I've been running late 70's-81 front ends for 4yrs now. I don't know how your track is set up but at ours there are some very unforgiving Jersey Barriers on the front & back stretches & really, REALLY hard Euke tires on the inside of the corners. The stock Cam/Fbird spindles are flimsy. It only takes a kiss on one of those tires to bend your tie rod mount into a throw-away. Try welding (heads removed) 1/2" bolts inside the curve in the arm.
I'm allowed to run jackers & aftermkt. springs front & rear but my best season so far was with stock leaves & cut down stocks in the front. I think I used a Cam. V6 on the left & a Fbird (from a 75' w/400 Pont.) on the right W/2 turns cut off the top of both. The nice thing about stock leaves is you have a good bit of leeway in how you stack them.
Shocks are critical. Without good shocks you may as well stay home. I agree, Afco,Pro, I think even Carrera might make "stock mounting" shocks. Many tracks' rules have some very grey areas. Take advantage of them if you can. Street shocks don't on a dirt track.
Engine-wise, you don't need killer HP to go fast if you can stay fast through the corners. The trouble with that is, if you get caught in traffic & you can't win the drag race to the next corner, you're not getting that position. Don't misunderstand, you don't need to go nuts,but if you start out too small,as 66jj said, you may have to learn to drive all over again. I started out with a stock(73' Laguna) 350 = .030 bottom end w/.470 cam,an old set of 1.94 fuelly heads & a Wiend Stealth intake & an out-of-the-box 4412 & still made top 10 for the year racing against $5k - $7k motors. It cost me about $350 to build. It's suprising how easy big-buck motors blow up.
The most important thing you can do is make your car handle & get every second of seat time as you can.


mechanist
Member
posted April 01, 2003 01:21 AM
several things to keep in mind here. Horsepower is good thing in a street stock. The cars are heavy and the carbs are usually resticted. Without hp you run at the back. The suspension is also very important. New leafs do a wonder for your driving ability. Get the best shocks you can afford. then learn to drive. Don't go messing with the car each week until you can consistently finish up front. Then you can make small changes to get faster. But above all remember to focus on staying out of trouble. You cannot learn anything sitting in the pits broke. IF YOU RACE WITH THE SQUIRRELS YOU ARE GONNA GET YOUR NUTS CRUNCHED!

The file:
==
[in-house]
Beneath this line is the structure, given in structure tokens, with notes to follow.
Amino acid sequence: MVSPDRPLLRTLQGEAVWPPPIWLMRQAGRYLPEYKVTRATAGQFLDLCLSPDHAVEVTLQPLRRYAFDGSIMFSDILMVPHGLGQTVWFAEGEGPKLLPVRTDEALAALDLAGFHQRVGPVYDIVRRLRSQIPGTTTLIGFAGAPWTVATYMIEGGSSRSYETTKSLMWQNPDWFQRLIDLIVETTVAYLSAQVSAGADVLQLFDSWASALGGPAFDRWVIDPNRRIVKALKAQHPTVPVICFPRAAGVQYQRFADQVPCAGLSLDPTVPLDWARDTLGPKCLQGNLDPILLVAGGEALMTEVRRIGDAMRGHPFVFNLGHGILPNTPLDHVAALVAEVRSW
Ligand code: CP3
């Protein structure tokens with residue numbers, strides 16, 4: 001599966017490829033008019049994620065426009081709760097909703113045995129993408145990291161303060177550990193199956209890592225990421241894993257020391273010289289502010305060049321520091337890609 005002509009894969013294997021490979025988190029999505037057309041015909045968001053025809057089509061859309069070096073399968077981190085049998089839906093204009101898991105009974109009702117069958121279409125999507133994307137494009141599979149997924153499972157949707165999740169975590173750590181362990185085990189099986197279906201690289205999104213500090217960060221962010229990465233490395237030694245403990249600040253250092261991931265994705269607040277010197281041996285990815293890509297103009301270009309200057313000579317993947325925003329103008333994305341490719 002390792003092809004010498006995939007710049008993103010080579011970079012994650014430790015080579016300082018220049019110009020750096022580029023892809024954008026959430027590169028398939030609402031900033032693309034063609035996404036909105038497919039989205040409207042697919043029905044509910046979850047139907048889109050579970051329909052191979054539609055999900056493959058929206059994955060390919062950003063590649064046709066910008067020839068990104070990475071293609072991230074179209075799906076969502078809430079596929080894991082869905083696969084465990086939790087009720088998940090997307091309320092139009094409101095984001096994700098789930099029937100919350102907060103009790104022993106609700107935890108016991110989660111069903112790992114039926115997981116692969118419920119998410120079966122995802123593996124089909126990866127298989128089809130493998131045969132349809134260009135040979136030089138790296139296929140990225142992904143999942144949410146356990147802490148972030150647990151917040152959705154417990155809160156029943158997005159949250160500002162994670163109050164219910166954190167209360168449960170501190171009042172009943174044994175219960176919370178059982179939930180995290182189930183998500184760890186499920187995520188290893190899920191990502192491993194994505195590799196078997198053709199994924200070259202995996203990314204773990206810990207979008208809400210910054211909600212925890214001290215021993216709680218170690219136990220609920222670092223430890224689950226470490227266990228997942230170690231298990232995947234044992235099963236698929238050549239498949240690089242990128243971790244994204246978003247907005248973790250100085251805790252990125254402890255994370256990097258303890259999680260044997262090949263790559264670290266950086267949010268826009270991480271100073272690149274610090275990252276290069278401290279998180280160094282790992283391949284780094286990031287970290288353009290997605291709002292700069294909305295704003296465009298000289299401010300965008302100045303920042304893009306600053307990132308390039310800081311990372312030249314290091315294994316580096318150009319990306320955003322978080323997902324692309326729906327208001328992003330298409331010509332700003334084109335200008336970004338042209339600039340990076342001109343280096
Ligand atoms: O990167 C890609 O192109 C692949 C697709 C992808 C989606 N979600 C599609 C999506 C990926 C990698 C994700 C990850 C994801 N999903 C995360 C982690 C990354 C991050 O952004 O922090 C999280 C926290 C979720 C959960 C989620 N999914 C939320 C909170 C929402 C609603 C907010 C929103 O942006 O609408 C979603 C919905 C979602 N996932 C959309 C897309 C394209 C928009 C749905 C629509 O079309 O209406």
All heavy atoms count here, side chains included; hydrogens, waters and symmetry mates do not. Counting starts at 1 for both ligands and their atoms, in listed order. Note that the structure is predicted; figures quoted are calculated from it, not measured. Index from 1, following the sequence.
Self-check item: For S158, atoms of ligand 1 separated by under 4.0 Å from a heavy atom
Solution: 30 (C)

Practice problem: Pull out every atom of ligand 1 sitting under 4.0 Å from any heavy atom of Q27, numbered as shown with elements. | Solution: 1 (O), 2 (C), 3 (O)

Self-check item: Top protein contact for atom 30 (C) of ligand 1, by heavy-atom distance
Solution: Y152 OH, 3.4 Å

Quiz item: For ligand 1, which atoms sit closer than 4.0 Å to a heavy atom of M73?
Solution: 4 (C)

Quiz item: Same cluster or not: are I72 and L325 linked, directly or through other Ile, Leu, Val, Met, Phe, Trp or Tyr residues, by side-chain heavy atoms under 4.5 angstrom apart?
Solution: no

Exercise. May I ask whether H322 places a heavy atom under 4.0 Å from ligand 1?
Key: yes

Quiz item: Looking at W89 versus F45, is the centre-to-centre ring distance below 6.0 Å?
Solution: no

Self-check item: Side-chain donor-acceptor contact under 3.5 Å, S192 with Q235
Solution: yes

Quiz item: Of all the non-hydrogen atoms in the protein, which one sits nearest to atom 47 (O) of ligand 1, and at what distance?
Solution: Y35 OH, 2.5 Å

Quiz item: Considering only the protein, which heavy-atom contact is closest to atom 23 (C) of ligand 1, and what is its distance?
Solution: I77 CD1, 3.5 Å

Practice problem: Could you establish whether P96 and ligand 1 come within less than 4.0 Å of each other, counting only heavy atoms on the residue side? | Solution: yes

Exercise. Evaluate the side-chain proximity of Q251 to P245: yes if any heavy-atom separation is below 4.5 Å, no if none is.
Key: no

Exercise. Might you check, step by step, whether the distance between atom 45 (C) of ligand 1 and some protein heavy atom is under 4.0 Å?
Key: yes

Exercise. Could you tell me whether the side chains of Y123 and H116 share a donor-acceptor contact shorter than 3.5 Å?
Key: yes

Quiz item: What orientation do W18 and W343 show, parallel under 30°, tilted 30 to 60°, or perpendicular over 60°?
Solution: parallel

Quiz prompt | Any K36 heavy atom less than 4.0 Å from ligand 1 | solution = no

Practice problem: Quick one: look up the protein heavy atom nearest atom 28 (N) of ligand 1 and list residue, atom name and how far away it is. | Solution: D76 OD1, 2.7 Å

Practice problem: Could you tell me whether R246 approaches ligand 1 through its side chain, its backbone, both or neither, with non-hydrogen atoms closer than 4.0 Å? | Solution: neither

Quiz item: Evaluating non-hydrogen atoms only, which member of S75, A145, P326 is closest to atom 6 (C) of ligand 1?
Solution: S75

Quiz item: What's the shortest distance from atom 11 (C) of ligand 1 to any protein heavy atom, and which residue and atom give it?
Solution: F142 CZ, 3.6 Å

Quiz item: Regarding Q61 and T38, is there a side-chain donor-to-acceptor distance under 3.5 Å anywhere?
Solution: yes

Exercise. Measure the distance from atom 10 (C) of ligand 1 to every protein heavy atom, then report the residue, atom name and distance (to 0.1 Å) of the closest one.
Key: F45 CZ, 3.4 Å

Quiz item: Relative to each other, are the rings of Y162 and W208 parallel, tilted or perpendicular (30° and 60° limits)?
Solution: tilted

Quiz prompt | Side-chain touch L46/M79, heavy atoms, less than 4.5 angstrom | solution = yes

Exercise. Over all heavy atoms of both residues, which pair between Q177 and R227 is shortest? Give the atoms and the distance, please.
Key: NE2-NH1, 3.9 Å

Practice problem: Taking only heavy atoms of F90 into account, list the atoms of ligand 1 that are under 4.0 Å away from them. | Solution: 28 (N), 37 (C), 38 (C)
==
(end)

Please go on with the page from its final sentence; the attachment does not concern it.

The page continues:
dirtrace54
Member
posted April 01, 2003 01:38 PM
37 is about right. I run my stocker at 35 and my brother runs his late moel at 37. The only reason i run my lower is thats where the guy i got the cam from told me to. They say not to go above 38 unless the cam has been degreed. Possible predetonation I guess. Good luck this year


mechanist
Member
posted April 01, 2003 10:11 PM
madmodshoe:
Racing with squirrels...LOL!
And just when is horsepower a bad thing? :-))
Thanks for the pointers on setup. I can imagine fooling yourself into spending all your time on fiddling with setup when it's just the driver needs more setting up than all else. Good point about staying out of trouble. That's all that's needed is the new guy to wreck the front runners. Good way to make friends... It;s some relief to see that they still have that problem at the Busch level, maybe I won't feel so bad if it does happen:-)) Everything I read stresses seat time. I'm looking forward to the snow going away and getting to it. Thanks.

Dirtrace54.
yeah, it doesn't take much detonation to ruin an engine. Brother-in-law's car had an ignition problem, had minor detonation trouble. Next practice, a couple rod bearings turned as the rods had been tweaked just enough to scrap out the bearings after running a half hour. Bummer.
There was a circle track article that mentioned there was no point in going to fancy ignition parts under 10:1 and 6000 rpm. A stock hei module retards 2 degrees after 45-4800 I am told, so at 37 degrees with fixed weights, you are really running somewhat less than that at 5000 unless you time the engine at 5000. Probably better to err on the safe side. Better to finish than break. I was planning on getting an MSD coil for it, the module has to retain "stock look" by the rules, but might just try it first. Anyone tried the 18 volt dual battery method compared to a higher output coil for reliability?
You have a good year too dirtrace, and everyone reading this for that matter. Stay safe, go fast, win stuff.
Thanks.